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Variable Timing Cam Tuning

Practical Standalone Tuning

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It has been a great learning experience for me since I've registered as a member. I'm interested to know what would be your choice or way of tuning the Variable Timing Cam for a K20A engine. I'm using Hondata Flashpro and am wondering how should I apply what I've learned here to tune the cam angle tables. As a thought process, this is what I came up with:

VTEC point set to 7k rpm, all dyno runs up till 6k rpm.

1. Steady state tuning for the low cam fuel and ignition tables (0, 15, 30, 40, 50 deg tabs).

2. Perform full power tune for the 0, 15, 30, 40, 50 deg tabs.

3. Fill in low cam table based on the results of the full power runs of the 5 low cam fuel and ignition tables.

4. Perform full power tune for all 5 tables with the newly input low cam values.

At this point, I have no idea how to tune the high cam maps. VTEC point set to 3k rpm and all dyno runs up till redline 8.6k rpm

1. Steady state tuning for high cam fuel and ignition tables (the rows under 4500, 5000, 5500 rpm). My target VTEC point is 5000-5100rpm.

2. Perform full power tune for the 0, 15, 30, 40, 50 deg tabs.

3. Fill in highcam table based on the results of the full power runs of the 5 low cam fuel and ignition tables.

4. Perform full power tune for all 5 tables with the newly input highcam values.

Find the crossing point of the best low and high cam torque curves (with all the cam angles dialed in). The point would be set for the VTEC to be activated.

I would like to hear your opinion(s) on this one.

Thank you all.

The WOT tuning of the Honda iVTEC system is actually quite simple. The way I approach the tuning is to start by getting the vtec changeover approximately correct by doing a run with the vtec changeover set to 3000 and a second run with it set to 7000. Set the vtec point where the two dyno runs intersect - Don't worry for now because you can revisit this later.

Now set all your cam maps to 0, 10, 20, 30, 40 and 50 deg and perform runs on the dyno. This will require you to spend some time in each cam map getting the fuel and ignition optimised too. Once you have 6 optimised runs on the dyno you can choose the best cam angle at each rpm point to build up a composite cam timing map - Basically choose the cam angle at each point in the rpm range that resulted in peak power/torque. It's likely that you'll see a trend where for example the engine never wants the cam timing to be 50 degrees in which case you can ignore that angle.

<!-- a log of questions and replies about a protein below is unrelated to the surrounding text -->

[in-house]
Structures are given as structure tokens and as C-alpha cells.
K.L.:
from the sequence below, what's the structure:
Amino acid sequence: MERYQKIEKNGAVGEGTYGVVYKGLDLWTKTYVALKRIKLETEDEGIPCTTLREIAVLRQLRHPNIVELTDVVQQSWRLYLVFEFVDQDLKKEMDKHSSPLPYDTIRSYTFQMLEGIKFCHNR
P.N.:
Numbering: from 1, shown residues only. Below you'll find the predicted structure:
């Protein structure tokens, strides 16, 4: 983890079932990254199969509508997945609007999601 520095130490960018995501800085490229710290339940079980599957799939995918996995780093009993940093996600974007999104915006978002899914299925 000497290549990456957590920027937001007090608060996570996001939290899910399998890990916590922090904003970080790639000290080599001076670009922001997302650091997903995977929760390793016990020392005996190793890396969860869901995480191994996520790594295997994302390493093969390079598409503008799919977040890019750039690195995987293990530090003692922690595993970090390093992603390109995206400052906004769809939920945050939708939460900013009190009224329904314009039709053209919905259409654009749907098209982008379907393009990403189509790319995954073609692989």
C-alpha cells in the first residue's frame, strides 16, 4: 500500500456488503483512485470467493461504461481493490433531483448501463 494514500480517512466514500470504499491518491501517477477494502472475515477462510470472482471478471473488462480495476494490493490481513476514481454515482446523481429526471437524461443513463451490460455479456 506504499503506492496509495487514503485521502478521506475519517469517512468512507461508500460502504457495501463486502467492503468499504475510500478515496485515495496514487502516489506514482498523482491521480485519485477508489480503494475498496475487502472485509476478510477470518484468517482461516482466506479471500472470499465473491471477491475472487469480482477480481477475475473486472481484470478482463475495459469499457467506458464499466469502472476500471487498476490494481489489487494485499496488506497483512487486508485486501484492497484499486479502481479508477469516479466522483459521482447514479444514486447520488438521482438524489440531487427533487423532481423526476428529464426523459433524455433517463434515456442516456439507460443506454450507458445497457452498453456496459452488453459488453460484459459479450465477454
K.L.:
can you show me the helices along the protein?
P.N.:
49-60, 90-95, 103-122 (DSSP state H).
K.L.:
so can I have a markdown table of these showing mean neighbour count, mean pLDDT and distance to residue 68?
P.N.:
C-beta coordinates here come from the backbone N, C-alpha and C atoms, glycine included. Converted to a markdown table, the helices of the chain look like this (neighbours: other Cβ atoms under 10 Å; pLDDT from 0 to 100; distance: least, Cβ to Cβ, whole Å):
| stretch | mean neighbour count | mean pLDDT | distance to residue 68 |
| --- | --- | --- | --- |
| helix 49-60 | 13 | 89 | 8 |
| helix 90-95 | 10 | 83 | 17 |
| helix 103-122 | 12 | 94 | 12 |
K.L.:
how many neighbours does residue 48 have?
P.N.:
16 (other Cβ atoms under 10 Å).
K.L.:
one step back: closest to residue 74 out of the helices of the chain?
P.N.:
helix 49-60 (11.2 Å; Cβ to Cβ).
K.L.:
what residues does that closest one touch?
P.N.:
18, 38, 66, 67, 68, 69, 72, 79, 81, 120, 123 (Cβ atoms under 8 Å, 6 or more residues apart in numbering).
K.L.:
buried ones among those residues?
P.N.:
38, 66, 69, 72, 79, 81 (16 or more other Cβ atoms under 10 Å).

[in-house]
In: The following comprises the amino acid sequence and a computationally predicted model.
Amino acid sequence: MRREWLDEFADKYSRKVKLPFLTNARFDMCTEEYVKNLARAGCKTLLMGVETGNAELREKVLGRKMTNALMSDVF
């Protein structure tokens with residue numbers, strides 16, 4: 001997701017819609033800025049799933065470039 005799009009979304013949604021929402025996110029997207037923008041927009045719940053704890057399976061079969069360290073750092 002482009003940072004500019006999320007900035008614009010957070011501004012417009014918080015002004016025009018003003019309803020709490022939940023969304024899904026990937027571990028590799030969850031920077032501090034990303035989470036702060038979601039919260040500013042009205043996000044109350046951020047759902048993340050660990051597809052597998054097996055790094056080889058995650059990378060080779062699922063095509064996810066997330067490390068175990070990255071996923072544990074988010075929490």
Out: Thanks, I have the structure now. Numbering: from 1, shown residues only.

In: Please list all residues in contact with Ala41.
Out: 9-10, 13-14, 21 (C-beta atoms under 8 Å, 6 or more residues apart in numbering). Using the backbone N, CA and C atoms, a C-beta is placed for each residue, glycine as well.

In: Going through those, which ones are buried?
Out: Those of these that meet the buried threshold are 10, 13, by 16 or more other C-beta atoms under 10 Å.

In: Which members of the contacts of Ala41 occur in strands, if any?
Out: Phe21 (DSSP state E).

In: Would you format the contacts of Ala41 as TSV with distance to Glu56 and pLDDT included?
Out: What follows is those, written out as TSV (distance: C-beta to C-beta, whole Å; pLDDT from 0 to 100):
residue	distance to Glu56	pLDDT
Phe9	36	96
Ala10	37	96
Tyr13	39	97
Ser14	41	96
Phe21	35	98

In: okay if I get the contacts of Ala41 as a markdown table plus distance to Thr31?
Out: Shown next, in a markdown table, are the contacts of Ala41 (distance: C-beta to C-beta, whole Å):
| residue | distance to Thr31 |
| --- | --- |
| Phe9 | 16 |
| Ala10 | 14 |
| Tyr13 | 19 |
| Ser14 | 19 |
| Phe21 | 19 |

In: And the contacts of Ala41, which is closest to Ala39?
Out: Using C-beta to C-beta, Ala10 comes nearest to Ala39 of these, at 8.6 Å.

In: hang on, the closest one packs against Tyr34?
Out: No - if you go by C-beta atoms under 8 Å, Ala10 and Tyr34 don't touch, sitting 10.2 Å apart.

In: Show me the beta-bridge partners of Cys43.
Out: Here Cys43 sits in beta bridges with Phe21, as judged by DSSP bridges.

Once you have a composite map complete you can do a full run and ensure it does in fact give you maximum power. Often I tend to smooth the cam target values a little from the theoretical best values so that the cam control has a smooth target to track that it can actually achieve. If you try jumping 20-30 degrees in 500 rpm then the cam may not be able to keep up.

With this complete I now optimise the vtec point. Try moving it up and down in 200-500 rpm increments. You'll normally find that your initial point is going to be very close. WOT job done, but unfortunately the part throttle is a little harder to optimise. Simply copying the WOT cam angle all the way down the load axis of the map isn't going to be ideal as you generally find the engine will want less advance at cruise and 3000 rpm than it does at WOT at the same rpm.

You have two options here - You can spend the next week on the dyno optimising the cam control target at every zone in the table (close to impossible) or you can retain the part throttle cam timing map from a base file and modify it in the areas you're actually going to use the engine. What I tend to do is start with one of the base cam timing maps, perform the WOT tuning I've just described, and then smooth the cam targets from what I found was perfect at WOT down into the lower load areas of the map. This is to ensure I don't have any erratic cam timing targets and the cam target map is smooth and sensible. From there I'll spend some time in the areas the engine cruises at and find the optimal cam timing in these areas. This gives you a 95% result and the other areas of the cam timing map are generally just transitioned through and hence are less critical on engine operation.

Hi Andre, thank you for sharing your thoughts on this. Yes, I think the WOT runs will be pretty straight forward. The tricky part is the cam angle target maps in the load areas lesser than WOT. I'm going to try optimizing the individual fuel & ignition maps for each angle first and then work on the low and cruise areas of the cam angle target map by using the steady state tuning techniques. By holding the engine in a certain cell of interest, I shall change the angle and see how it affects the torque reading on the dyno. Of course, while doing this, the engine will be switching between the already optimized fuel & ignition maps for each angle. Will see how this goes.

Thanks a bunch Andre!

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